I am glad that everyone is choosing to get along rather than flame each other!
I don't want to argue or anything, but I can say, "lets not be too quick to divide each other into camps - purists, and non-purists". I am all for using audio 'tools', for example, but that doesn't mean ALL of them. In a car audio environment some people think time alignment sounds worse (you loss some of the 'boom'). Many DSP features "like loudness" are useful at low volumes but interfere when the volume is going up etc. Listen to any OEM system in a car - they most always are too bassy at low volume, and bass-less at high volume because DSP/EQ is attempting to control distortion. That is what I consider poor implementation (significant audible changes throughout the volume range). I always use only what I think is really improving the sound, and everything else is turned off. I am very 'set it and forget it'.
There is no such thing as a 'purist' anyway, given that audio is processed at every single step of the music making process. Using none of the tools at your disposal only means you have left it to others to determine your listening enjoyment. And they have 'altered' the sound from the time they were tuning instruments, to the time they picked a recording venue, to the time they were tuning the recording, and so on. You then go out and get an amp and phones with a 'sonic signature' (i.e. imperfect replication of the audible spectrum) and listen to the end result on some digital medium that is compressed or not (and which may be clipped anyway). Thus even when attempting a 'straight wire' connection to your music, you are beholden to a number of factors well beyond your control. If you can't optimize speaker placement, or if you don't have a quiet listening environment, the tools you can use are typically a blessing, not a curse.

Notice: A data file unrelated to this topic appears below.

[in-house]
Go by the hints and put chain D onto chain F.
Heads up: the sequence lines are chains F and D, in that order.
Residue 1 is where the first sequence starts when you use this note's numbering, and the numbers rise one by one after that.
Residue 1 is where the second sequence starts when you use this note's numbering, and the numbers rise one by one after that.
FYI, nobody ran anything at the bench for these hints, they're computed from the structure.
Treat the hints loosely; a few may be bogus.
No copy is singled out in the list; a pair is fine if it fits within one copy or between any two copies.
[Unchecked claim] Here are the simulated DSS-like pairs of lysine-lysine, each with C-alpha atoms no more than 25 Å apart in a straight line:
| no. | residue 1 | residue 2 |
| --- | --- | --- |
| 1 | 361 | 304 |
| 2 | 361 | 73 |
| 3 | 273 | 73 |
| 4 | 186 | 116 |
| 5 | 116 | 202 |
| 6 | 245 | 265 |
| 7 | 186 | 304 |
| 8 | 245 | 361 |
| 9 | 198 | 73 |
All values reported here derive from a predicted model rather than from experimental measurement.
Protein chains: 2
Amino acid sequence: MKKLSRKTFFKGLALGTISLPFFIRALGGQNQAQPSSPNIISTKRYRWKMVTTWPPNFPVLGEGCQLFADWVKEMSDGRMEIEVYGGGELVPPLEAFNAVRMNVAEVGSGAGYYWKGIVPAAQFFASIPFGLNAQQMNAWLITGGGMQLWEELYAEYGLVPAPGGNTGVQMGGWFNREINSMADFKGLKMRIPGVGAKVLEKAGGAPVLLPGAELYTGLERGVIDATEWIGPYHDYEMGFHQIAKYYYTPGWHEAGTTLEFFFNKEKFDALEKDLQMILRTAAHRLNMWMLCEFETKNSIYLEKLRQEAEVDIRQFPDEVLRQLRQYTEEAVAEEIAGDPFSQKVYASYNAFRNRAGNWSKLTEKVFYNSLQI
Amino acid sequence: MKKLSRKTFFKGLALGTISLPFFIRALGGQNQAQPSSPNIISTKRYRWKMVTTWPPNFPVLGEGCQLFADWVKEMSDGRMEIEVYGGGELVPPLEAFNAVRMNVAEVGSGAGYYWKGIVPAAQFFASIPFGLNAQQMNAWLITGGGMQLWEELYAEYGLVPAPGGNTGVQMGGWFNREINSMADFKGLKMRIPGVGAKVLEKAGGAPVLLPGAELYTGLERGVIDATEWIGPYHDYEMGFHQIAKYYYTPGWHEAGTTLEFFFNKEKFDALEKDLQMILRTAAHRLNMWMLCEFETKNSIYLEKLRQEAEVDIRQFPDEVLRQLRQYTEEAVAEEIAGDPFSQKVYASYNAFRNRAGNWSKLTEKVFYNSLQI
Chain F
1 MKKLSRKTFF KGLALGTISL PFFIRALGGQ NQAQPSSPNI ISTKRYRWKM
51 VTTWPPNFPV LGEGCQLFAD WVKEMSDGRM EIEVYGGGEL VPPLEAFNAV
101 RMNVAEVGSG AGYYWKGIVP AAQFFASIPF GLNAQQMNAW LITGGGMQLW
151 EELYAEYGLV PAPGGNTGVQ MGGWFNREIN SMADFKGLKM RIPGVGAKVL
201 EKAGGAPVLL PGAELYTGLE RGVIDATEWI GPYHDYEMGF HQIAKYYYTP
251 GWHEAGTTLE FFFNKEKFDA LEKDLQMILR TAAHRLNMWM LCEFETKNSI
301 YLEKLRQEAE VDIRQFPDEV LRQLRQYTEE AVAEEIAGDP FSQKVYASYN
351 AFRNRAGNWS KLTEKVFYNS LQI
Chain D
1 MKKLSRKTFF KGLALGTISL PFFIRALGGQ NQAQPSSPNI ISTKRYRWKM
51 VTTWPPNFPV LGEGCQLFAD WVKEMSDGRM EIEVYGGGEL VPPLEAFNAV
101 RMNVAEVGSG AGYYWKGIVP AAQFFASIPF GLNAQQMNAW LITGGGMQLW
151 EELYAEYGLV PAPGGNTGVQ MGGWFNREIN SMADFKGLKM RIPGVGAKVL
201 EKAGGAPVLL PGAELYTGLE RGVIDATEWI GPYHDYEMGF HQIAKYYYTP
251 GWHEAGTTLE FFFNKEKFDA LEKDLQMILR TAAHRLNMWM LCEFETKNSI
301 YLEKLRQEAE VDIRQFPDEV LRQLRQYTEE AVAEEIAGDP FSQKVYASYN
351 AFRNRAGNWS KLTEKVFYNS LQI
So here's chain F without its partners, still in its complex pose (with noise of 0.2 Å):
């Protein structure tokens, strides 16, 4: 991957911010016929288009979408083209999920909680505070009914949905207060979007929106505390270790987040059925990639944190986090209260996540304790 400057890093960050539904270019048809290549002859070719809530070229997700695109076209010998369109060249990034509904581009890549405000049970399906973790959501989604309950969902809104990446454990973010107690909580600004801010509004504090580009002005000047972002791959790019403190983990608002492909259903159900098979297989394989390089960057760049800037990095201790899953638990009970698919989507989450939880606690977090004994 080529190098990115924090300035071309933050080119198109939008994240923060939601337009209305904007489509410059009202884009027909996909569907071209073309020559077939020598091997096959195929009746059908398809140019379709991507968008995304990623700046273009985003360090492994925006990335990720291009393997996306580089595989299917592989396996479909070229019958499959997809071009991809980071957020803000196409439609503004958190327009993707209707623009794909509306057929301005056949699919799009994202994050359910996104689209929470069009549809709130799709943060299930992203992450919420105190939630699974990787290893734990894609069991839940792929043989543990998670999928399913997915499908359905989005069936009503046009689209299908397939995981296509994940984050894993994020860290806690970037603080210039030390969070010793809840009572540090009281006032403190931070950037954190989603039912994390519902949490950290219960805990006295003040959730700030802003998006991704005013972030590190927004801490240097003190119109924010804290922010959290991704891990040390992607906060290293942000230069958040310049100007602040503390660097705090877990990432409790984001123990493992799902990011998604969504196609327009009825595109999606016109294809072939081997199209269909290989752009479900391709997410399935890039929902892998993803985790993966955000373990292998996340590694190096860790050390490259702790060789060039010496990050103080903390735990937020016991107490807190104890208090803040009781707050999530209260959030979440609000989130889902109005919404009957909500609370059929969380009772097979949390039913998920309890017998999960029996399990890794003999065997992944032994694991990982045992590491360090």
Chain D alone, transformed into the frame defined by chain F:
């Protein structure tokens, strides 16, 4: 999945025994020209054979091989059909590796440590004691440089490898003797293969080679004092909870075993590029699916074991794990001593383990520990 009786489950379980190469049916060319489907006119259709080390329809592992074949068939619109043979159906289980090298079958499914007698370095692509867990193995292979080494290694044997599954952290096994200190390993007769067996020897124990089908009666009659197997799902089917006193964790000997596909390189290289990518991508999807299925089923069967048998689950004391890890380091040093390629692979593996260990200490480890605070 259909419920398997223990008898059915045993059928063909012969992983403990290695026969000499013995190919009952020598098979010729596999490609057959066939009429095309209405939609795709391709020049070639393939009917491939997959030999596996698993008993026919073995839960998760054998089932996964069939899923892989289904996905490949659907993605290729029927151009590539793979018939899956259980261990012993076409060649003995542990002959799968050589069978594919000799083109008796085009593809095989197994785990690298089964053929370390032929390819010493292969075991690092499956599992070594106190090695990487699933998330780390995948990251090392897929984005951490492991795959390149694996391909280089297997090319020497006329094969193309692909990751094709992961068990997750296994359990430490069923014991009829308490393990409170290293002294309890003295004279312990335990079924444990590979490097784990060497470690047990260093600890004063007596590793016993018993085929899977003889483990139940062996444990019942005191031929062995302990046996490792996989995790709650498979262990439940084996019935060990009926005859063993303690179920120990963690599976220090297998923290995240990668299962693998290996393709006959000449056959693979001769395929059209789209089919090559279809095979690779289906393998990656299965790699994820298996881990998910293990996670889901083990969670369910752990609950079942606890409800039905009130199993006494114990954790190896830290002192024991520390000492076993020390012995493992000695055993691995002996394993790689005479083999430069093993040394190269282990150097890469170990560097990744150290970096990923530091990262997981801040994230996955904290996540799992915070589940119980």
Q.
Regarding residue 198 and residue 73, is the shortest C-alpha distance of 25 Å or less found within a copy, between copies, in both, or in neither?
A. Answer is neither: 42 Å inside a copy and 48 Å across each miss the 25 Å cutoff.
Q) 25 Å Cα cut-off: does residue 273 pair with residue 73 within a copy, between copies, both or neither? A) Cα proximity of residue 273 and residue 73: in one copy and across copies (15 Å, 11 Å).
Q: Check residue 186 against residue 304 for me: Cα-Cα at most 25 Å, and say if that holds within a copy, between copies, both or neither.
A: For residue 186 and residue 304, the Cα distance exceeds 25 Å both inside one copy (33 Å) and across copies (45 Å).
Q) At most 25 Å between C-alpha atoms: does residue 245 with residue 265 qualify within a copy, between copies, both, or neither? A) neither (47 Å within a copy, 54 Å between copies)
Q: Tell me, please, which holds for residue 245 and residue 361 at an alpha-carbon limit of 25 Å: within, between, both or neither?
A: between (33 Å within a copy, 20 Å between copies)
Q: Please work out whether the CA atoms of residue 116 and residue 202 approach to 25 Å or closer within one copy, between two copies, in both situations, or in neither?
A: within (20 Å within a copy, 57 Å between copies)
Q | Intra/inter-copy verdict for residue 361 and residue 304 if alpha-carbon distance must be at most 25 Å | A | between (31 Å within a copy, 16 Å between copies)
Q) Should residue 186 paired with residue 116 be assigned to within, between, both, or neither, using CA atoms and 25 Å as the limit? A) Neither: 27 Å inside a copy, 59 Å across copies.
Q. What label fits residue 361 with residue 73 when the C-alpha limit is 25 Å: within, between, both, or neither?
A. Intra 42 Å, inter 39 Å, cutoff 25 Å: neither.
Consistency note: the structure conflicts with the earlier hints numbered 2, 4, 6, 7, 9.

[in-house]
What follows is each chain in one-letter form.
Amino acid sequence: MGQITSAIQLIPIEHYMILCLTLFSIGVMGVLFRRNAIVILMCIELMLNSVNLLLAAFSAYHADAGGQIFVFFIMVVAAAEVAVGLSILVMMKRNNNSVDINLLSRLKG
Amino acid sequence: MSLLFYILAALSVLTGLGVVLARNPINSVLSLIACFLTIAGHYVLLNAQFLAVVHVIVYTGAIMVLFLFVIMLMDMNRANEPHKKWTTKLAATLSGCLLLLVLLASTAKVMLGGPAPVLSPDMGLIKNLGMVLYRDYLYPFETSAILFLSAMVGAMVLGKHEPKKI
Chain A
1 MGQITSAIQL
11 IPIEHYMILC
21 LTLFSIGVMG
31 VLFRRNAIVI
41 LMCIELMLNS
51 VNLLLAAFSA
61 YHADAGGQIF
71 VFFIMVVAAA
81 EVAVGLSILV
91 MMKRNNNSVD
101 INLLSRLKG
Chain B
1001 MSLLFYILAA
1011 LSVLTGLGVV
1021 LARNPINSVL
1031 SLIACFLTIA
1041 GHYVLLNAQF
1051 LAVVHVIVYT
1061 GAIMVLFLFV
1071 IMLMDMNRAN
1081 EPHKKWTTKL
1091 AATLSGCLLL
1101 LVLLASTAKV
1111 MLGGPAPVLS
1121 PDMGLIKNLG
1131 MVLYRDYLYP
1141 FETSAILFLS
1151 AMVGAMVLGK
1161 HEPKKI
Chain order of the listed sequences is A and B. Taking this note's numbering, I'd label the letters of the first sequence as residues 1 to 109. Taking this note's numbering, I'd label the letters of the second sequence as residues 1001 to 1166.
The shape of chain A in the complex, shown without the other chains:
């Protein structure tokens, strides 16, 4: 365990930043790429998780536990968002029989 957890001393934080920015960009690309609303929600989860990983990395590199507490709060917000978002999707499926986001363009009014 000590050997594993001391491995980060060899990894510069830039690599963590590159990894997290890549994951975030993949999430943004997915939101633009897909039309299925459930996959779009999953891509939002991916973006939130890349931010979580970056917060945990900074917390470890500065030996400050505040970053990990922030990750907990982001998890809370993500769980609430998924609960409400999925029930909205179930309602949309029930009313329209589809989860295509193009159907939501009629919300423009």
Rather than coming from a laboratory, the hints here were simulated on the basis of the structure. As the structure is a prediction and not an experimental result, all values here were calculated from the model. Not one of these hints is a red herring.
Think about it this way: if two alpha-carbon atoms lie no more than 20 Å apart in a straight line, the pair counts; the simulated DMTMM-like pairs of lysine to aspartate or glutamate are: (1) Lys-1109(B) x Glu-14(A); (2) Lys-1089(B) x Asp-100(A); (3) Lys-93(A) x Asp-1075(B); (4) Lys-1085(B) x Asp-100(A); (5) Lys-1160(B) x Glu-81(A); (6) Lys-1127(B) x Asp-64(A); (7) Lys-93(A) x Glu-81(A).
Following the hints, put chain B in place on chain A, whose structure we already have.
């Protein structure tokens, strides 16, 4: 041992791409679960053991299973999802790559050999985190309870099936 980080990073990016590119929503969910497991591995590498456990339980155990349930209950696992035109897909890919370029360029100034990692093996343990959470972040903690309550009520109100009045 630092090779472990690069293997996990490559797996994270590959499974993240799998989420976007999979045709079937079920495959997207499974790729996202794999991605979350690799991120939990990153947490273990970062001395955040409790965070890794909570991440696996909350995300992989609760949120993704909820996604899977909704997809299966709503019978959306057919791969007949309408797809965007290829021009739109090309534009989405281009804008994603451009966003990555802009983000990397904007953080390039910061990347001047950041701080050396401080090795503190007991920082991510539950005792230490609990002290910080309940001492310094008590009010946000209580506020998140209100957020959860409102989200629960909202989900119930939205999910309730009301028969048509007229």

That said, adding 'noise' is a problem in any system. But especially in car audio, you can get away with higher levels of distortion and noise because nothing is noisier than the car you are in! My amp has some 'hiss' at high volumes, for example, but it is undetectable in 90% of listening. It still sounds better than lesser amps, and is compact and efficient. I only here hiss when the car is off and I am jacking the volume with nothing playing. So, maybe an issue at the drive-in, but never on the road.
Now to get real confusing: I consider myself a "purist". I always seek to simplify my audio chains to the maximum that I can, and seek minimum use of any sort of software or hardware alteration of my sound. IF eq tuning were creating too much noise, I most likely would do without. I once stuck foam over tweeters to try to quiet them down a little, rather than EQ them. There are lots of tricks at our disposal, not all of which are about the electronic space (hence the 100 pages about modding the earpads). But like others, I too try to buy the best sound I can right out of the box, because you do usually get what you pay for. There is no making crap sound awesome. But there is making Awesome sound like crap! I can still enjoy the HE-400s on there own, no mods necessary.